A Brief History of Nopal Cactus
The Nopal cactus, and the fruit it bears, has been around over 12,000 years. It has been eaten, through this time, for its dietary benefits. The Nopal cactus is also known as the “prickly pear” and its fruit, which is actually the prickly pear, is also known as a cactus pear, Indian fig, etc. This fruit is formed when the flowers of the cactus wither away and is known as “Tuna” in its native Mexico. The Nopal cactus grows so well in Mexico because of the nutrient rich volcanic soil. The flat pads of this cactus are actually the stems for the flowers, which become the fruit. These pads can grow in size of from four to 16 inches long and up to nine inches wide and ¾ inch thick. They are used as vegetables and can be sliced, diced, etc. The white needles can be an inch long and the little short, furry looking ones on the fruit are not furry – they are very sharp and will plunge into the skin with a mere touch. More than a hundred species of this cactus exist and each has it own flavor of fruit. They all contain large amounts of vitamin C. One fruit has about 1/2 the amount of an orange.
Some consider the Nopal cactus as a weed and a nuisance. It”s a commercial commodity to others, for both their health benefits and edible qualities. The people of Mexico have been eating this cactus, in their regular diet, since before the days of the Spaniards.
Dietary Value of Nopal Cactus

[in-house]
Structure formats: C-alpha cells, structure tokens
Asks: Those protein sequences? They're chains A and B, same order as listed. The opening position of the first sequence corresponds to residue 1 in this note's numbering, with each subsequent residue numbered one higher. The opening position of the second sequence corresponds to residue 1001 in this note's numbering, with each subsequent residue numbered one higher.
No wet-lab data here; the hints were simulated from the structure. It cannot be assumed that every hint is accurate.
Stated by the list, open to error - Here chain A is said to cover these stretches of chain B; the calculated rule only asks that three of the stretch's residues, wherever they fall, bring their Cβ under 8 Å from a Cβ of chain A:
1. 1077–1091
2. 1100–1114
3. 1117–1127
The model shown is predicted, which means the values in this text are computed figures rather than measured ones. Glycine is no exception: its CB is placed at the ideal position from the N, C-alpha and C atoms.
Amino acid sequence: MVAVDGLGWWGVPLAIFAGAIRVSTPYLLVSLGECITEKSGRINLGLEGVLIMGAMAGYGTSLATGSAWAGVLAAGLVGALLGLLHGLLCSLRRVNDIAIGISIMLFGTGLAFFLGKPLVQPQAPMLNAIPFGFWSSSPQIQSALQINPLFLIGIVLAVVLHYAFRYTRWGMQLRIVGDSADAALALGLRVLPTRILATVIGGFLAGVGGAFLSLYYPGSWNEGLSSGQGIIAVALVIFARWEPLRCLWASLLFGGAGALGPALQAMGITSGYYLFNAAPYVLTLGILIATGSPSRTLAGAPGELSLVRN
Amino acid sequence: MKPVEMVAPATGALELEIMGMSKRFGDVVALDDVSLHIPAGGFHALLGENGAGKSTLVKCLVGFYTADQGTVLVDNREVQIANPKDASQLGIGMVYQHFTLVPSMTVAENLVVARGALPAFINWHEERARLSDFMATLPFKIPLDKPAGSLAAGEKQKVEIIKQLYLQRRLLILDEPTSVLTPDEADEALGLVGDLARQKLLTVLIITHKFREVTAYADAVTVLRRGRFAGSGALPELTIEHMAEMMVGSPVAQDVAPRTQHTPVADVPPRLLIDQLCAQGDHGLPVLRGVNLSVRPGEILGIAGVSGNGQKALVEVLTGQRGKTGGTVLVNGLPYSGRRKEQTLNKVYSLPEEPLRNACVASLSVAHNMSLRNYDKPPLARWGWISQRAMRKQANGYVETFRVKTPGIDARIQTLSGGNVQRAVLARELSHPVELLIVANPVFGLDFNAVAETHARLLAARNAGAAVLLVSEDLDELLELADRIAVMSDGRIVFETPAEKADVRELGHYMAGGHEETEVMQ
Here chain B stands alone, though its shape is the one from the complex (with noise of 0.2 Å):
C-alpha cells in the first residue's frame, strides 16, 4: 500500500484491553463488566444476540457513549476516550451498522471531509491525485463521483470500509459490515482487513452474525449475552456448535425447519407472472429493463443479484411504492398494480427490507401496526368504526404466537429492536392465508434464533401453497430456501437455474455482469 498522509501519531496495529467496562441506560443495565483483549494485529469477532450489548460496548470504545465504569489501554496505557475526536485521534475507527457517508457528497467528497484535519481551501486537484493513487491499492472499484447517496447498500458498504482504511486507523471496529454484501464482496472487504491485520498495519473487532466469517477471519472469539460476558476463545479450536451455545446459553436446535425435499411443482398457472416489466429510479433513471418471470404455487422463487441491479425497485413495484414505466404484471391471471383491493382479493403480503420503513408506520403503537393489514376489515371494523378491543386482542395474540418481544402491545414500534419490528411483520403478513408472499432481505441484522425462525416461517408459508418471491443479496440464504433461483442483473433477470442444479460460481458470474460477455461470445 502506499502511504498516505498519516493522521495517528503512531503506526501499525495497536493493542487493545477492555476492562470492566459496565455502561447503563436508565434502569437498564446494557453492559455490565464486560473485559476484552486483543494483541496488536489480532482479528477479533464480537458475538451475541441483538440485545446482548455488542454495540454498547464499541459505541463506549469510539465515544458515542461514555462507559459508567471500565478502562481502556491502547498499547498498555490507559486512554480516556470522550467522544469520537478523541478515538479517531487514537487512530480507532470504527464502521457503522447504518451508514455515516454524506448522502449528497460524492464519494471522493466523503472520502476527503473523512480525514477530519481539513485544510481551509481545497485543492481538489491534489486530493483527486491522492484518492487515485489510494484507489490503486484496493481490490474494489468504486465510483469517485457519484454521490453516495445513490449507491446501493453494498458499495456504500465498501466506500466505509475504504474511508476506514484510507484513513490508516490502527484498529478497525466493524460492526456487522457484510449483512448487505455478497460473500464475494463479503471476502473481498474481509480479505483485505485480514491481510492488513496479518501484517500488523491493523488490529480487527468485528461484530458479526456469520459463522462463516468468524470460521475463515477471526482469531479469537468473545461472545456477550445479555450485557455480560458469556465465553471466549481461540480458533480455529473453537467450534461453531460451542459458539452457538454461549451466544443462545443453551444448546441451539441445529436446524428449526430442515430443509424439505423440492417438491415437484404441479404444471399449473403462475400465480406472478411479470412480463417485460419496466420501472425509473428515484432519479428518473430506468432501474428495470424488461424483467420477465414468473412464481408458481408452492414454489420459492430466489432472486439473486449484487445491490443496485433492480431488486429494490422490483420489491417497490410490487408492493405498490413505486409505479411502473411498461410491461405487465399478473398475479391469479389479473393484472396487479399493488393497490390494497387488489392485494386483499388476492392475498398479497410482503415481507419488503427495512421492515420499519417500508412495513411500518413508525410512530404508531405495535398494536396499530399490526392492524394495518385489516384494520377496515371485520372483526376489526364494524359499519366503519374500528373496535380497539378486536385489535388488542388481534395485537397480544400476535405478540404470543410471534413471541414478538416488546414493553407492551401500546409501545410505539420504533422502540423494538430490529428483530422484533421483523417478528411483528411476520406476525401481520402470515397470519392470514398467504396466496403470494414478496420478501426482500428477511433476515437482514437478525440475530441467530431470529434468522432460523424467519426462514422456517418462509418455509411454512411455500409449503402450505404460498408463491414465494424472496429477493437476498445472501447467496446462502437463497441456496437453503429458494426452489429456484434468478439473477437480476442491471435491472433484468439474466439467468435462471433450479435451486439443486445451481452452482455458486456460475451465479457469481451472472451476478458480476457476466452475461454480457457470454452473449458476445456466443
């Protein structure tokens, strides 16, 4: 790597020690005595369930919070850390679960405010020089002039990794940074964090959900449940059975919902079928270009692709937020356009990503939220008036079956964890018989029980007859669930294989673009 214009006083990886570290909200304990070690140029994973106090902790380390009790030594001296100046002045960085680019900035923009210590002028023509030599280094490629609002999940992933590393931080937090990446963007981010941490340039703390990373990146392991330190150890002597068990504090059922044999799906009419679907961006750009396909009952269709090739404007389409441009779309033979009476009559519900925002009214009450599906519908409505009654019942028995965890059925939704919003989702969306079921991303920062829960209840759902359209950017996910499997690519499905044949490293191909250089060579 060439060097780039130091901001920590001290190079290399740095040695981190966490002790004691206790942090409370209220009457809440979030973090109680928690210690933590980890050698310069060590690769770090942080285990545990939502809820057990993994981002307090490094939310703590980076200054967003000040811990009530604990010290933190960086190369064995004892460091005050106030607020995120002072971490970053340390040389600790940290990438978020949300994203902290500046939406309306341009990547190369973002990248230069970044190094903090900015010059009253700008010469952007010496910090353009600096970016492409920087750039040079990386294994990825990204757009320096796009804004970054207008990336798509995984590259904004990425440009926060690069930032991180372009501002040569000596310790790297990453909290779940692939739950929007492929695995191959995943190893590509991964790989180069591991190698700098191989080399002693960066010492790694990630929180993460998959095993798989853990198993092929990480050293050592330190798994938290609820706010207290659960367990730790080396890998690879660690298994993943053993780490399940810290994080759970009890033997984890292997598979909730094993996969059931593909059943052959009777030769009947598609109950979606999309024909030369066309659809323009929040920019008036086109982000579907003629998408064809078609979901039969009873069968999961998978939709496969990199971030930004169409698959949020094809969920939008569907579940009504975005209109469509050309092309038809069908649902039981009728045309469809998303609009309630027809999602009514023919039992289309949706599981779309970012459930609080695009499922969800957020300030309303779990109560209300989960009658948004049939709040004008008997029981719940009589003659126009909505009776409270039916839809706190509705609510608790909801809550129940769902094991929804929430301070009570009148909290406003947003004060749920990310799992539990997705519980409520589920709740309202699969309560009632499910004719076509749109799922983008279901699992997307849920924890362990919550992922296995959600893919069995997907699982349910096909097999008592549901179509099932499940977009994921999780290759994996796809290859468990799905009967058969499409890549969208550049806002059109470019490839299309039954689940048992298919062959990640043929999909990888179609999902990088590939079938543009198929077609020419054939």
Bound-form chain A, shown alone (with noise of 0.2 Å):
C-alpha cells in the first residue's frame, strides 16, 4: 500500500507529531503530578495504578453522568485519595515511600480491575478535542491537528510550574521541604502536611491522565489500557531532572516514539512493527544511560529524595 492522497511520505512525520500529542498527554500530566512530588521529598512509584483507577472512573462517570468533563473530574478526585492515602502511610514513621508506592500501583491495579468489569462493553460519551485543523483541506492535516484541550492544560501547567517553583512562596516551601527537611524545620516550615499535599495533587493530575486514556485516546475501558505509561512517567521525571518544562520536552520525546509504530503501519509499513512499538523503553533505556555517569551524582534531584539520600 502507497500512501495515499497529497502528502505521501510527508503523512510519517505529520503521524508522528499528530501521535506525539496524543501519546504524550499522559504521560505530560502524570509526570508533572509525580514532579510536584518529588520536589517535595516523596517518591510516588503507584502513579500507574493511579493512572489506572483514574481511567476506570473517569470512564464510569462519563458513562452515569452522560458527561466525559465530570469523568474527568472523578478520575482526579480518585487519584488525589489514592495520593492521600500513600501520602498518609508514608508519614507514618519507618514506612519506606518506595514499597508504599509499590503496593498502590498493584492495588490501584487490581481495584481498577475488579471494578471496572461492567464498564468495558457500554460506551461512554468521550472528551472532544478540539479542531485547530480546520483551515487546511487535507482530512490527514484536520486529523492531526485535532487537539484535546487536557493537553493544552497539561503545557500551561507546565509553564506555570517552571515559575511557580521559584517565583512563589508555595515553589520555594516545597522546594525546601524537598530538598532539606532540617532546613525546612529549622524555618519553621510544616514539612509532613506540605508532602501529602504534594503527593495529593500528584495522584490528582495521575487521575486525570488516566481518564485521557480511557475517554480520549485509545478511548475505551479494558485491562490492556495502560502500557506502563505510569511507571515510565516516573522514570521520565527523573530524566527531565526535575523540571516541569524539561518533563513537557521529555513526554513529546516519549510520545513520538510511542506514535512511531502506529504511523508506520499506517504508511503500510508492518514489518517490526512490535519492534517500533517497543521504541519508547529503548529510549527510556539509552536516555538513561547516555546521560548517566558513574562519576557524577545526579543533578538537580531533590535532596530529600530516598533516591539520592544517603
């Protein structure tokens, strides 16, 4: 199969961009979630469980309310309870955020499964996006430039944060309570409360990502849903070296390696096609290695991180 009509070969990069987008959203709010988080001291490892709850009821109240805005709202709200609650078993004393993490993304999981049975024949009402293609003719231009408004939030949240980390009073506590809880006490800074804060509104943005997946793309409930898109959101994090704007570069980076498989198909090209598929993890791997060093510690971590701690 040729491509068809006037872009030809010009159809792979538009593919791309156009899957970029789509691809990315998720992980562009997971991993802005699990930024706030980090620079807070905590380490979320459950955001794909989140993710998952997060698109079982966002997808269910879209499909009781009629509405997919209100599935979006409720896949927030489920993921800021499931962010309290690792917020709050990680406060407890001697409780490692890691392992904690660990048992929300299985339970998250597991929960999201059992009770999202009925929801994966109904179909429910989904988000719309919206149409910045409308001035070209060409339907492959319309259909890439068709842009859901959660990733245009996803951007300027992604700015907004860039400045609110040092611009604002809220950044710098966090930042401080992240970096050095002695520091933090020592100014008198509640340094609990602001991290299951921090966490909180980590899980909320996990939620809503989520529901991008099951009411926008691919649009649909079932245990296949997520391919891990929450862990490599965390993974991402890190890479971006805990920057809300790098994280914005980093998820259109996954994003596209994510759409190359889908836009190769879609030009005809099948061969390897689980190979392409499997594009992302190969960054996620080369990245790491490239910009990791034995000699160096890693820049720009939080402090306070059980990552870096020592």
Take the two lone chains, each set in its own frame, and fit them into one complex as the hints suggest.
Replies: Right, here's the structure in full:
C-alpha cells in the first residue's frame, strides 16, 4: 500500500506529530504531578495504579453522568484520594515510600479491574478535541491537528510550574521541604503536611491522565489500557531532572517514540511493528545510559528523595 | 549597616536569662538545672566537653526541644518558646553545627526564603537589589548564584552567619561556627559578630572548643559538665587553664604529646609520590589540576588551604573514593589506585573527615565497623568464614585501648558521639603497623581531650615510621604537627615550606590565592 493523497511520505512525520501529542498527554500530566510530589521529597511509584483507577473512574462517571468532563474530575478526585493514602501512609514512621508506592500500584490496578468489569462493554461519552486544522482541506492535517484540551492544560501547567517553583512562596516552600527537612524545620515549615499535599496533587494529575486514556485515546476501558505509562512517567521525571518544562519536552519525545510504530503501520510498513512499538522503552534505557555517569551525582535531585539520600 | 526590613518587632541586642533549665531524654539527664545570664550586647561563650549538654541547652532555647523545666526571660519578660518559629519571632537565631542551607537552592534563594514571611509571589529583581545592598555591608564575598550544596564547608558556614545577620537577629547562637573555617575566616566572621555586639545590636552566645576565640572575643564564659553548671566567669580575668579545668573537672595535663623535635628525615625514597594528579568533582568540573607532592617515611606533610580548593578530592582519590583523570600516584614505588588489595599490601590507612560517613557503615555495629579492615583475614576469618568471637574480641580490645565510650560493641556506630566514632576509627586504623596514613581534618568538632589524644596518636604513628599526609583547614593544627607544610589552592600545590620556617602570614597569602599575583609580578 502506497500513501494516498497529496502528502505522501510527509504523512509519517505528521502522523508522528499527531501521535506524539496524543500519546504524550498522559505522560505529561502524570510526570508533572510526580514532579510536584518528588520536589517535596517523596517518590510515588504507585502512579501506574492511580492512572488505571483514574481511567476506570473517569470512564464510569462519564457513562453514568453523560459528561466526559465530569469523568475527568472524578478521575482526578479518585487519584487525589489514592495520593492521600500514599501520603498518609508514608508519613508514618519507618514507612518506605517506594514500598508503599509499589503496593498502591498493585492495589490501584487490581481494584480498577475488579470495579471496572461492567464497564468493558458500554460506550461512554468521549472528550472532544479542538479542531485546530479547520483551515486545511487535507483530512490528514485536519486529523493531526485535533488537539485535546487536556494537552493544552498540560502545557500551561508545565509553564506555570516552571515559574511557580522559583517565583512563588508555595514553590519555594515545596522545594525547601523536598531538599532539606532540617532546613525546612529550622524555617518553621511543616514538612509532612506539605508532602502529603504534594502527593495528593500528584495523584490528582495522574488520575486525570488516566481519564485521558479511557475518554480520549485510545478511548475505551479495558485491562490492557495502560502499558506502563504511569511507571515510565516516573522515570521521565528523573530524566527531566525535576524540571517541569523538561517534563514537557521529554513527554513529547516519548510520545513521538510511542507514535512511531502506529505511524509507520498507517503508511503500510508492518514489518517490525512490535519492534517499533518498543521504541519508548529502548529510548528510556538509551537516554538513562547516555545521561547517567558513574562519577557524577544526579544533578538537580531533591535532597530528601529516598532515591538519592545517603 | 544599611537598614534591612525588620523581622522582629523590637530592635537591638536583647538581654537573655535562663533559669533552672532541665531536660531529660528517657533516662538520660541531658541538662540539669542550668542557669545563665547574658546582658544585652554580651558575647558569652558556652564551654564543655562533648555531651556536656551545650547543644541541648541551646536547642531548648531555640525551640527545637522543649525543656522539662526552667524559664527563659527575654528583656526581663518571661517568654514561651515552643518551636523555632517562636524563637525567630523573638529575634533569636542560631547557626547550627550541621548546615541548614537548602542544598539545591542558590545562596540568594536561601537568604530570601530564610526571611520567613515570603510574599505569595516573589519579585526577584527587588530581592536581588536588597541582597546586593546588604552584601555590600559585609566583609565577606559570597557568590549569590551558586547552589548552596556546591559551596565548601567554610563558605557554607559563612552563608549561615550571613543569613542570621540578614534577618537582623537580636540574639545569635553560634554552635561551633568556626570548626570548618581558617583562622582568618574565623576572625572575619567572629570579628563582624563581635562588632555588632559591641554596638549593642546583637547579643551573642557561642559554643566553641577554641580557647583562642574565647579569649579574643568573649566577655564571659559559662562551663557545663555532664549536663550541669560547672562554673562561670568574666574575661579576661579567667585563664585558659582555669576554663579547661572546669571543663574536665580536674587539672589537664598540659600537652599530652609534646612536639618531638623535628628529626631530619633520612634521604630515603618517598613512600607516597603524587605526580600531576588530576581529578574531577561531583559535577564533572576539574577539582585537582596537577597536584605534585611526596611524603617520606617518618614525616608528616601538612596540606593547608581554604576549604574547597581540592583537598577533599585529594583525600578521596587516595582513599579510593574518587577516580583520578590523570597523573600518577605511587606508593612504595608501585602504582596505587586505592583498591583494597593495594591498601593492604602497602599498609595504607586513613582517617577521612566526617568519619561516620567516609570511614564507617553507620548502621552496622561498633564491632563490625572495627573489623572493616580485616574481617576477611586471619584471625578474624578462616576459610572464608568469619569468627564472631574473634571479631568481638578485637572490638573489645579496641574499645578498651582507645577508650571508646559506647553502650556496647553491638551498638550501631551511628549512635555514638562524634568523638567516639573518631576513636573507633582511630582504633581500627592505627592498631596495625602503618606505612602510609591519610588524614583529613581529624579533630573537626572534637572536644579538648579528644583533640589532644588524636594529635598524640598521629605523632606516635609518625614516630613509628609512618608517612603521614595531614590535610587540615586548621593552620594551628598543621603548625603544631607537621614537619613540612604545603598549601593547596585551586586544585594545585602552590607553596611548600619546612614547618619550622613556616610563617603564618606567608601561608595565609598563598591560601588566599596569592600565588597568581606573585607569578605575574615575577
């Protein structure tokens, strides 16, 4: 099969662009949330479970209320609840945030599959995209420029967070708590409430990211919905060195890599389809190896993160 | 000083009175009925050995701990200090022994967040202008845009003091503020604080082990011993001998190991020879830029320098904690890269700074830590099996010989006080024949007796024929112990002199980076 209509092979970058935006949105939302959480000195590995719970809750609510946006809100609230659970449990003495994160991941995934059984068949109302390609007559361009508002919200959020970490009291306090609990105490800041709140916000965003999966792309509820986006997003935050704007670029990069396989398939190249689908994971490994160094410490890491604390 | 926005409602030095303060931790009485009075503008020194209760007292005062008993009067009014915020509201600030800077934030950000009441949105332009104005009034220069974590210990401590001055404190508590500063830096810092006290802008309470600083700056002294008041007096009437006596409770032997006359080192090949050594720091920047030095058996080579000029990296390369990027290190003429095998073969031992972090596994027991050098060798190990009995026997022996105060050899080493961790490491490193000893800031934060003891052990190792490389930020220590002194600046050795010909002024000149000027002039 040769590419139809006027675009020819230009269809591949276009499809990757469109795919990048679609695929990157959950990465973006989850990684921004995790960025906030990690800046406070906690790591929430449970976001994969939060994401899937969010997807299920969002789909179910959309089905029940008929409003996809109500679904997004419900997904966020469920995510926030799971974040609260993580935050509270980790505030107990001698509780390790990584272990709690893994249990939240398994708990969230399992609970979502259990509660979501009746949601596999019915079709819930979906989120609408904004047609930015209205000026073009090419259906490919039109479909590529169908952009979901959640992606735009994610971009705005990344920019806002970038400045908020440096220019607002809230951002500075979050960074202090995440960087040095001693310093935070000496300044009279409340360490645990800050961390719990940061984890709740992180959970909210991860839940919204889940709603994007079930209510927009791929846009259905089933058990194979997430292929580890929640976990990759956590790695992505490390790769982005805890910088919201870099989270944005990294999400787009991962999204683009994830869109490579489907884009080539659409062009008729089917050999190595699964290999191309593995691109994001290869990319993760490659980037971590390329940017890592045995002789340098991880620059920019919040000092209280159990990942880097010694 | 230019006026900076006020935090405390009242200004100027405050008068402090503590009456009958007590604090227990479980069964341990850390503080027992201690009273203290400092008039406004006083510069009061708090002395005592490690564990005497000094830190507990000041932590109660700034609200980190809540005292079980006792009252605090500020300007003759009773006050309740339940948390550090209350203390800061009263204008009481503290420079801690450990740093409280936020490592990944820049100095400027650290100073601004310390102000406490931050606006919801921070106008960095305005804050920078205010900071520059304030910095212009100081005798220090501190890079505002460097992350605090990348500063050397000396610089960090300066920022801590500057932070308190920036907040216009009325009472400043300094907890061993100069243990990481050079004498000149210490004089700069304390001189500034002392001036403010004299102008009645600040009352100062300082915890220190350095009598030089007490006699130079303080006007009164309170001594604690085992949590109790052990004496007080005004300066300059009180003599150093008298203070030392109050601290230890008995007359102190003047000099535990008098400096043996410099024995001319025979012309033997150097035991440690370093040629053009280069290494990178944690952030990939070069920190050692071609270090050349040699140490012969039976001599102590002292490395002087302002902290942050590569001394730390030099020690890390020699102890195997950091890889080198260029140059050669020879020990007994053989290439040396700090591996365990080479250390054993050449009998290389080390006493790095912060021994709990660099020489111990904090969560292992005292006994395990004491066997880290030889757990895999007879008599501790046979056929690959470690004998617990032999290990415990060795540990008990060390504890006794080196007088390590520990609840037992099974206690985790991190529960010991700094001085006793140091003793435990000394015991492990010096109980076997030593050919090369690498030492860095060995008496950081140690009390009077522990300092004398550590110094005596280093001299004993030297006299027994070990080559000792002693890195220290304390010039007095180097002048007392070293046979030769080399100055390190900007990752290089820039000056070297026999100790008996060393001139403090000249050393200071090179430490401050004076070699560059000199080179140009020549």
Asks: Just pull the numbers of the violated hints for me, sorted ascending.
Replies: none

- Weight Loss – since this cactus is made up a sponge-like content, it absorbs water and other liquid type content, once consumed, and makes the stomach feel fuller than it actually is.
- Dietary Fibre
- Vitamin B
- Betalains – rare, strong antioxidants. There are 24 known species of Betalains and the Nopal cactus contains them all.
- High Pectin & Mucilage Content – two main things believed to help lower glucose and intestinal tract absorption. There are ongoing studies in Mexico that present evidence that Nopal cactus can lower glucose evens in non-insulin dependent diabetics, but as yet no real proof and should only be used as a supplement, after consulting with a physician.
Nutritional Value of Nopal Cactus
The stems, petals, seeds, fruits, and flowers all contain nutrients like: Vitamins, minerals, and protein and antioxidants.
Medicinal Value of Nopal cactus
Though still being studied, there is evidence that the Nopal cactus has the capability to help in the following areas:
- Cleansing the digestive tract
- Viral infections
- High cholesterol
- Enlarged prostate
Side Effects of Nopal Cactus
Since Nopal Cactus is an everyday staple food in some areas, it is widely considered safe to eat. Supplements may have a few mild side effects, such as:
- Feeling of fullness, though haven’t eaten yet.
Modern Uses In Natural Medicine
- Treatment of digestive problems
- Cardiovascular issues
- Diabetes, as mentioned above, with physician’s approval.
The Napal cactus, when mixed with water or other liquid, becomes a sticky, gel-like coating and expands (like a sponge) when wet. This could interfere with the proper absorption of medicines, or the nutrients of other foods and supplements. So, it is best to wait two hours before or after using or eating the Napal cactus or by-product. Always check with a physician before taking supplements if pregnant, nursing or have any medical problems.